Despite feeling cool toward the idea, Delong agreed to pray about it.

“I had a Damascus Road experience,” she recalls. “I prayed and felt the heaviness lift. I felt freedom. From that day on, one of my favorite sayings was, ‘Whom the Son sets free is free indeed’ (John 8:36).”

Soon after, Lois received the baptism in the Holy Spirit at a cell group meeting.

Despite this radical change, she initially had no desire to minister to others from same-sex backgrounds. However, during a 2004 political debate, she heard a candidate proclaim that homosexuals couldn’t change.

“A fire lit in me that’s never gone out,” says DeLong, executive director of CrossOver Ministries, a nondenominational organization with affiliates across Kentucky.

Christians need to adopt a welcoming attitude toward those who battle same-sex urges, according to Cornerstone Pastor Tom Lane and Kentucky AG District Superintendent Joseph Girdler.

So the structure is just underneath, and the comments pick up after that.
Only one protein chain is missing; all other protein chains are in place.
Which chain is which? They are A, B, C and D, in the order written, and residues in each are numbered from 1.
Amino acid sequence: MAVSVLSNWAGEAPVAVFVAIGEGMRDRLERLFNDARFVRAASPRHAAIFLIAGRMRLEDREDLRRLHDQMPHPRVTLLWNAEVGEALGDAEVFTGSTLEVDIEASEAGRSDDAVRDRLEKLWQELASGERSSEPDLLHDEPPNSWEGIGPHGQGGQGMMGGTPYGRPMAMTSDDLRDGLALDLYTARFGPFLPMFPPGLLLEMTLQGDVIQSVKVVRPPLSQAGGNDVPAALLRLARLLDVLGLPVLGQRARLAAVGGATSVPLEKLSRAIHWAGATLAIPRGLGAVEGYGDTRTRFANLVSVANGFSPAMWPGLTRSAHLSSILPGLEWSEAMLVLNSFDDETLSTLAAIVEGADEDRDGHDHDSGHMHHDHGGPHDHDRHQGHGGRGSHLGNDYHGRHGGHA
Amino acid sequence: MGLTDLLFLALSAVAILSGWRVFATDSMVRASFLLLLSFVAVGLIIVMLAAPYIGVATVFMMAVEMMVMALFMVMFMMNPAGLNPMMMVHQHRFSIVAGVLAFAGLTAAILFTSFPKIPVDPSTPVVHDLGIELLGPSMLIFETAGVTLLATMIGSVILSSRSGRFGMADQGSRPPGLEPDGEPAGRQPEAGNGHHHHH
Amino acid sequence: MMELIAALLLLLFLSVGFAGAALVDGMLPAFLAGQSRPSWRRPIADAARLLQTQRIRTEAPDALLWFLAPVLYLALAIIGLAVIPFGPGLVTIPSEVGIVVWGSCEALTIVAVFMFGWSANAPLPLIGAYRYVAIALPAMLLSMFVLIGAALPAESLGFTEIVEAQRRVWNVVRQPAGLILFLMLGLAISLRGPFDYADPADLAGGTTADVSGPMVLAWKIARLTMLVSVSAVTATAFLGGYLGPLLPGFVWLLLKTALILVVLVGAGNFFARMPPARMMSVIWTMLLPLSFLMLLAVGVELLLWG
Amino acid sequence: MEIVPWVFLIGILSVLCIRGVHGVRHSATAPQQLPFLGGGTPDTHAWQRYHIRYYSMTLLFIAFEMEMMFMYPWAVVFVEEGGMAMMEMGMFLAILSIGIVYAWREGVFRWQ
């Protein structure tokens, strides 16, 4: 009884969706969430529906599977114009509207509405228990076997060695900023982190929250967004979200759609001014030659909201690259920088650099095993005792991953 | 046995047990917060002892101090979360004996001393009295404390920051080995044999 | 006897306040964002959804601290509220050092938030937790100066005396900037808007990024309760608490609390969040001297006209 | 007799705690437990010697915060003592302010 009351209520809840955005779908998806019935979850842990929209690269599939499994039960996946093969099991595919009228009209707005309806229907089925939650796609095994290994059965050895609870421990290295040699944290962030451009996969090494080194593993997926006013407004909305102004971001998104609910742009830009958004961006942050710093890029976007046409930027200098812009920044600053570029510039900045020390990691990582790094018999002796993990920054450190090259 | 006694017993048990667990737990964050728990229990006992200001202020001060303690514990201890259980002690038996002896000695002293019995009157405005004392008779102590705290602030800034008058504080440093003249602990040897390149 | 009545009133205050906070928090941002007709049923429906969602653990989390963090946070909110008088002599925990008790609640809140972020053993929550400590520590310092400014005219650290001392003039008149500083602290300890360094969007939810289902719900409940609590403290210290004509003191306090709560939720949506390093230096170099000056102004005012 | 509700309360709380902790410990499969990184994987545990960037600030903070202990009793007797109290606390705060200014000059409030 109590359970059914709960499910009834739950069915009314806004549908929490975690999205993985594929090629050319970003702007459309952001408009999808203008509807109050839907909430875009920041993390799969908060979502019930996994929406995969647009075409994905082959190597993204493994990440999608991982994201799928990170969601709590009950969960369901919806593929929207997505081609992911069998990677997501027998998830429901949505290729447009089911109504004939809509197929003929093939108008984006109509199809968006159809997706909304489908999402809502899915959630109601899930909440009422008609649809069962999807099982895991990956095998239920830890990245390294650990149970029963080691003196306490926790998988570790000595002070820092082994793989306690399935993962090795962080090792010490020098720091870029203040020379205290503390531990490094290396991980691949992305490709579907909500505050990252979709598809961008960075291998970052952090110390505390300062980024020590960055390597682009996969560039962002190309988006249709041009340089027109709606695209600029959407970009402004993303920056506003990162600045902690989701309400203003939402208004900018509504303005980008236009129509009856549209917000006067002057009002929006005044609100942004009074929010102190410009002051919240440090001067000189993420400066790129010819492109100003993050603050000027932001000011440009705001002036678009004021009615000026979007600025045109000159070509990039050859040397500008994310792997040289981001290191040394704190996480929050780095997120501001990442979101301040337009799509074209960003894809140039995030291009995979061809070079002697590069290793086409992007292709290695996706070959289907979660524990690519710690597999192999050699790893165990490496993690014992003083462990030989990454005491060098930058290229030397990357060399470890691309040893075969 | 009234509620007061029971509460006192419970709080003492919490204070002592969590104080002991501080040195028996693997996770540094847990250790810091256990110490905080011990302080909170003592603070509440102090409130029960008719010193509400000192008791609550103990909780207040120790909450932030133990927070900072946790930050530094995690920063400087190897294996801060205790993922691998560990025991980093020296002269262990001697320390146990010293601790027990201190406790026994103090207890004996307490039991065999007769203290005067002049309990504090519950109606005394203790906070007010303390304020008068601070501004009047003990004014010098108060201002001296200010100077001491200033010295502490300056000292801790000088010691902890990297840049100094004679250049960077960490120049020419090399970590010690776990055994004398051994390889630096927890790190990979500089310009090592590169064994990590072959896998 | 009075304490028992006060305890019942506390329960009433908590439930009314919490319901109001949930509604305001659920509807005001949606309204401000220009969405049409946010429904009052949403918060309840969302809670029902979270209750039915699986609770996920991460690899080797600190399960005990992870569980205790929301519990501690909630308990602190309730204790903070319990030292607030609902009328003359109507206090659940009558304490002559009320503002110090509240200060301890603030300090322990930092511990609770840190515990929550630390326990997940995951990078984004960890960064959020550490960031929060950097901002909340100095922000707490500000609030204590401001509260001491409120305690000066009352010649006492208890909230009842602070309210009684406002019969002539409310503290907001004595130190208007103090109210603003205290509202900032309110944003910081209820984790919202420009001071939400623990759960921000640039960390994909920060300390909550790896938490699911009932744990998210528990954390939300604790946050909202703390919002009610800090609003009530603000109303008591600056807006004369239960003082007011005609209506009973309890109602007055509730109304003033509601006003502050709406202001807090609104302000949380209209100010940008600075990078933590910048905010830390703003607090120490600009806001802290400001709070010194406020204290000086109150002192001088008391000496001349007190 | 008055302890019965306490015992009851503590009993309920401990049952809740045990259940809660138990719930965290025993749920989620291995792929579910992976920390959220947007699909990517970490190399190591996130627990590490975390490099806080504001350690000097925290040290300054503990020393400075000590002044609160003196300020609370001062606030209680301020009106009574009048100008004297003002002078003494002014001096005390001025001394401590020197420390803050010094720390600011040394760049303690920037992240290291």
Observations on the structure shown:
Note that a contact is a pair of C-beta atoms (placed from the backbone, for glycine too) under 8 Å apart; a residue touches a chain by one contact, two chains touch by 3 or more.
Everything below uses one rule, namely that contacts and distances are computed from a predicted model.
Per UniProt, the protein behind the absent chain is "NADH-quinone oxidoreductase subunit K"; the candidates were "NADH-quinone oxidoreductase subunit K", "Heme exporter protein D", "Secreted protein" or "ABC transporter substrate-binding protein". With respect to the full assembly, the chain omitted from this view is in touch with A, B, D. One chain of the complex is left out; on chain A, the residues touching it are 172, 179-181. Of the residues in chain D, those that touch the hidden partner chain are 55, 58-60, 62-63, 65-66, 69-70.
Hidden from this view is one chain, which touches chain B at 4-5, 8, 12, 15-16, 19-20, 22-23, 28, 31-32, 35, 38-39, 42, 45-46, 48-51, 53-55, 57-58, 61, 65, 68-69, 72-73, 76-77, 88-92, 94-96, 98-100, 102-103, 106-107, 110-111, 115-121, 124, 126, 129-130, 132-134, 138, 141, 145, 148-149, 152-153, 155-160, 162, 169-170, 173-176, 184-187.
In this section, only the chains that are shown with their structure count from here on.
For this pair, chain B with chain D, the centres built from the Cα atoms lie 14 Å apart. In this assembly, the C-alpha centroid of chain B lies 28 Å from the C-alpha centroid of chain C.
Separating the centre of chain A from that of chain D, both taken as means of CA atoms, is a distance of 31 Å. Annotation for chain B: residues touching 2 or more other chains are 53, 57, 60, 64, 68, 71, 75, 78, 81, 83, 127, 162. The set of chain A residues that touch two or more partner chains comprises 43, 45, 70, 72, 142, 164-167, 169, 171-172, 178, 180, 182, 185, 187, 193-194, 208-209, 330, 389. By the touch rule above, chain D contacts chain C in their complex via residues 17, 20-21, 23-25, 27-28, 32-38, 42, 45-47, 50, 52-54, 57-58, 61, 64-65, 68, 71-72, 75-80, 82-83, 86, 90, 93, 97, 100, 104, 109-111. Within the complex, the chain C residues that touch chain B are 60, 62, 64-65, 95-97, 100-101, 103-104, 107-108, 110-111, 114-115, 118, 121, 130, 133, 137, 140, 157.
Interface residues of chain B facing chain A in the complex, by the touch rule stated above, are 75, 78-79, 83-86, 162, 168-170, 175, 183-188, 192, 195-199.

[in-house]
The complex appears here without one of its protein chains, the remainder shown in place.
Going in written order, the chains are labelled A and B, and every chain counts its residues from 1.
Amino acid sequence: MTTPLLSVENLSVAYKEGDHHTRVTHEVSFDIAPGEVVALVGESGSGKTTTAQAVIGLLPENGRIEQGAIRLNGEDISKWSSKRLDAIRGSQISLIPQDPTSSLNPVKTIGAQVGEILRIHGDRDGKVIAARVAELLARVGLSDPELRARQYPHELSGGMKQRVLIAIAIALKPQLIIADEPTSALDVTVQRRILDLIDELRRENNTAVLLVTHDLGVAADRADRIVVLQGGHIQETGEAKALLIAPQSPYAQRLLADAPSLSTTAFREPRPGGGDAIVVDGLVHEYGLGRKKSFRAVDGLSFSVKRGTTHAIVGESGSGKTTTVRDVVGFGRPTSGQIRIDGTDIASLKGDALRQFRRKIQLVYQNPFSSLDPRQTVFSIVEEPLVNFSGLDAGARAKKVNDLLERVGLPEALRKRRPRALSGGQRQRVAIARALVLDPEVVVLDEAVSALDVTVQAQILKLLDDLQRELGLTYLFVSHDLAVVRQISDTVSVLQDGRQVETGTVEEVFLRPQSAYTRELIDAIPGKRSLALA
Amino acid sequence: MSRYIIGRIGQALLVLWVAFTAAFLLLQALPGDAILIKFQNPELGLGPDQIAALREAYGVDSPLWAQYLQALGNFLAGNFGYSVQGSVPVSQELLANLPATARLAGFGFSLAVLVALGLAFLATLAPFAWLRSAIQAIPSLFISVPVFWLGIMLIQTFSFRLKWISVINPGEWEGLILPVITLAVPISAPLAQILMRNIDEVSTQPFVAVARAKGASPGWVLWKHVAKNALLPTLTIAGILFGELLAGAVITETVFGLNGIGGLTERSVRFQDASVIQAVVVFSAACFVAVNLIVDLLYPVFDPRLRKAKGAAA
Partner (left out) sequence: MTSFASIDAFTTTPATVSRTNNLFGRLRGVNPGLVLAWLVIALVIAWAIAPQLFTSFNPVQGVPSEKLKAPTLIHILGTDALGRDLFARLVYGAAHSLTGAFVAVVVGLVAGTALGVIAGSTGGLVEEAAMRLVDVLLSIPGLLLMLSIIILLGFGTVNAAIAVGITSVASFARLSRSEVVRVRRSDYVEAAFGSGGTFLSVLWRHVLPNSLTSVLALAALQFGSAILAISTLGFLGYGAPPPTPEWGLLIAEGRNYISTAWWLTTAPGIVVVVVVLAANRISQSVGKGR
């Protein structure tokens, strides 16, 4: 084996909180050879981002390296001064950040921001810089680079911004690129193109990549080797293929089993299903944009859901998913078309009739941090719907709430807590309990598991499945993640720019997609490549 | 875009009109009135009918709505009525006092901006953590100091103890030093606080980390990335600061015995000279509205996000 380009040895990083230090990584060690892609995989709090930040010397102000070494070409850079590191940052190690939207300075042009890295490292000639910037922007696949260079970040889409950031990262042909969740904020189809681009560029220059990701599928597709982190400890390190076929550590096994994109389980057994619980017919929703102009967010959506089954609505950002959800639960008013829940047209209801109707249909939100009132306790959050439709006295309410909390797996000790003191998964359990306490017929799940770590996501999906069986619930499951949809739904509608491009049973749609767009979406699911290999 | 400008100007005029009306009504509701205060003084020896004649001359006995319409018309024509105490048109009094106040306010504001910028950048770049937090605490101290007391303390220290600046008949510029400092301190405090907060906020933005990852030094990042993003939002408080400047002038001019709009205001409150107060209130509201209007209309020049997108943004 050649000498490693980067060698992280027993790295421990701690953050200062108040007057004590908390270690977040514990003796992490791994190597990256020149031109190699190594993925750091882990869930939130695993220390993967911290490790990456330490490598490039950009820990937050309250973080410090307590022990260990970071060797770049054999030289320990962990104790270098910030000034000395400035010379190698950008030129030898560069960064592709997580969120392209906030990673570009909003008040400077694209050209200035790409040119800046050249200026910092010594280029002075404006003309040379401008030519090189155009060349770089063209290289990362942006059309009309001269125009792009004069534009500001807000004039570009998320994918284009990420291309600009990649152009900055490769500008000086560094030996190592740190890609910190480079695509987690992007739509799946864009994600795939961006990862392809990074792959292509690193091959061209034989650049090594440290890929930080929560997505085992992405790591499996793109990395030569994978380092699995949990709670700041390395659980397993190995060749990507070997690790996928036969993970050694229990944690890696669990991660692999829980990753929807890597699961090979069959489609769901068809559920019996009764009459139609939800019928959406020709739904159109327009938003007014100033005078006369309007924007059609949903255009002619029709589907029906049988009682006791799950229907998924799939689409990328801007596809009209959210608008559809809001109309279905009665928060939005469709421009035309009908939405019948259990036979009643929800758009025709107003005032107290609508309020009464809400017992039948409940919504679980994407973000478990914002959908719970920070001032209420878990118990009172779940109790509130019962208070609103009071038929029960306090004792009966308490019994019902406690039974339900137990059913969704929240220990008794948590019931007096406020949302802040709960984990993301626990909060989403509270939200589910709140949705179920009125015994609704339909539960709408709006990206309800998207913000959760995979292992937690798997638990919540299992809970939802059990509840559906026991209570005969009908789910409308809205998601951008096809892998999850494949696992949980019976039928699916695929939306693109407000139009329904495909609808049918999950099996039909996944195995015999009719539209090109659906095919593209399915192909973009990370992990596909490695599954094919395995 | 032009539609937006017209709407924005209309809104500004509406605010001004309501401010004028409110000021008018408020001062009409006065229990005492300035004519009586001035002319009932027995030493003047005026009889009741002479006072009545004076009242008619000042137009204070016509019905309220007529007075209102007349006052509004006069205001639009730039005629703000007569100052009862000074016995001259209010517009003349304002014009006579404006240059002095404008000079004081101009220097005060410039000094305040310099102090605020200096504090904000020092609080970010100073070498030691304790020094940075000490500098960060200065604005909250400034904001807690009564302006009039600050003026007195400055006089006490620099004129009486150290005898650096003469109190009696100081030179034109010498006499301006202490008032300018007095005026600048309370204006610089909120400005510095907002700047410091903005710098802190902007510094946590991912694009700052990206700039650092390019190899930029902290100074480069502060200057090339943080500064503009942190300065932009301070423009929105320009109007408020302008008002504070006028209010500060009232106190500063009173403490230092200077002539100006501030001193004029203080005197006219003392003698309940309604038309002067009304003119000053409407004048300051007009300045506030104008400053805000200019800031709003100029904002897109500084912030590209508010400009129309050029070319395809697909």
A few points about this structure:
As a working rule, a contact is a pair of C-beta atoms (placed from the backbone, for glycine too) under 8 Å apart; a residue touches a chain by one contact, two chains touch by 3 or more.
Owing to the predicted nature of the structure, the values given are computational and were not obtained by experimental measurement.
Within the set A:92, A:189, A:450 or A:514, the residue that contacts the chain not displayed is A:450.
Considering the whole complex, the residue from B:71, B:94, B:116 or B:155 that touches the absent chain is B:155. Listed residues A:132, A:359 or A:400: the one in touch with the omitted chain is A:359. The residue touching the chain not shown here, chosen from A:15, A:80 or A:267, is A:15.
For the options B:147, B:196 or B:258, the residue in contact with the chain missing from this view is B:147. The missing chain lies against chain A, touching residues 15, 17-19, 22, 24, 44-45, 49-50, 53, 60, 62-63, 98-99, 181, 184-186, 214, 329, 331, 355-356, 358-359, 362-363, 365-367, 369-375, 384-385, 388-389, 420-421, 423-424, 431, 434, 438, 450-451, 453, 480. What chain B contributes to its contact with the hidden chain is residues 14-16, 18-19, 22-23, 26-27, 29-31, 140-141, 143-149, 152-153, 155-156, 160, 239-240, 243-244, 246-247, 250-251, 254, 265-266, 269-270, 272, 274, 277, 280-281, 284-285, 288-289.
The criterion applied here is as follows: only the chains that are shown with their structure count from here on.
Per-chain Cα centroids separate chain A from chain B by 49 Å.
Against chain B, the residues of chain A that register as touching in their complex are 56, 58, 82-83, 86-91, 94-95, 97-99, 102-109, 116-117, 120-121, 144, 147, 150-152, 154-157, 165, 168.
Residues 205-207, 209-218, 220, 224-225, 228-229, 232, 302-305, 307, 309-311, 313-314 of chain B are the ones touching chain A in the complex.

“I’ve always preached that there, but for the grace of God, goes every one of us,” says Lane, Cornerstone’s pastor since 1988. “God expects you to come out from among them and be separate, but at the same time love people like Jesus did.”

“We all need to have a unique understanding of those who struggle with any kind of life-dominating behaviors,” Girdler says. “The church needs to be a healing community to all people.”

Ironically, more than 15 years before DeLong joined Cornerstone AG, Lane had been a founding board member of CrossOver. The ministry’s first director was a man Lane led to salvation in Christ while pastoring in nearby Lexington.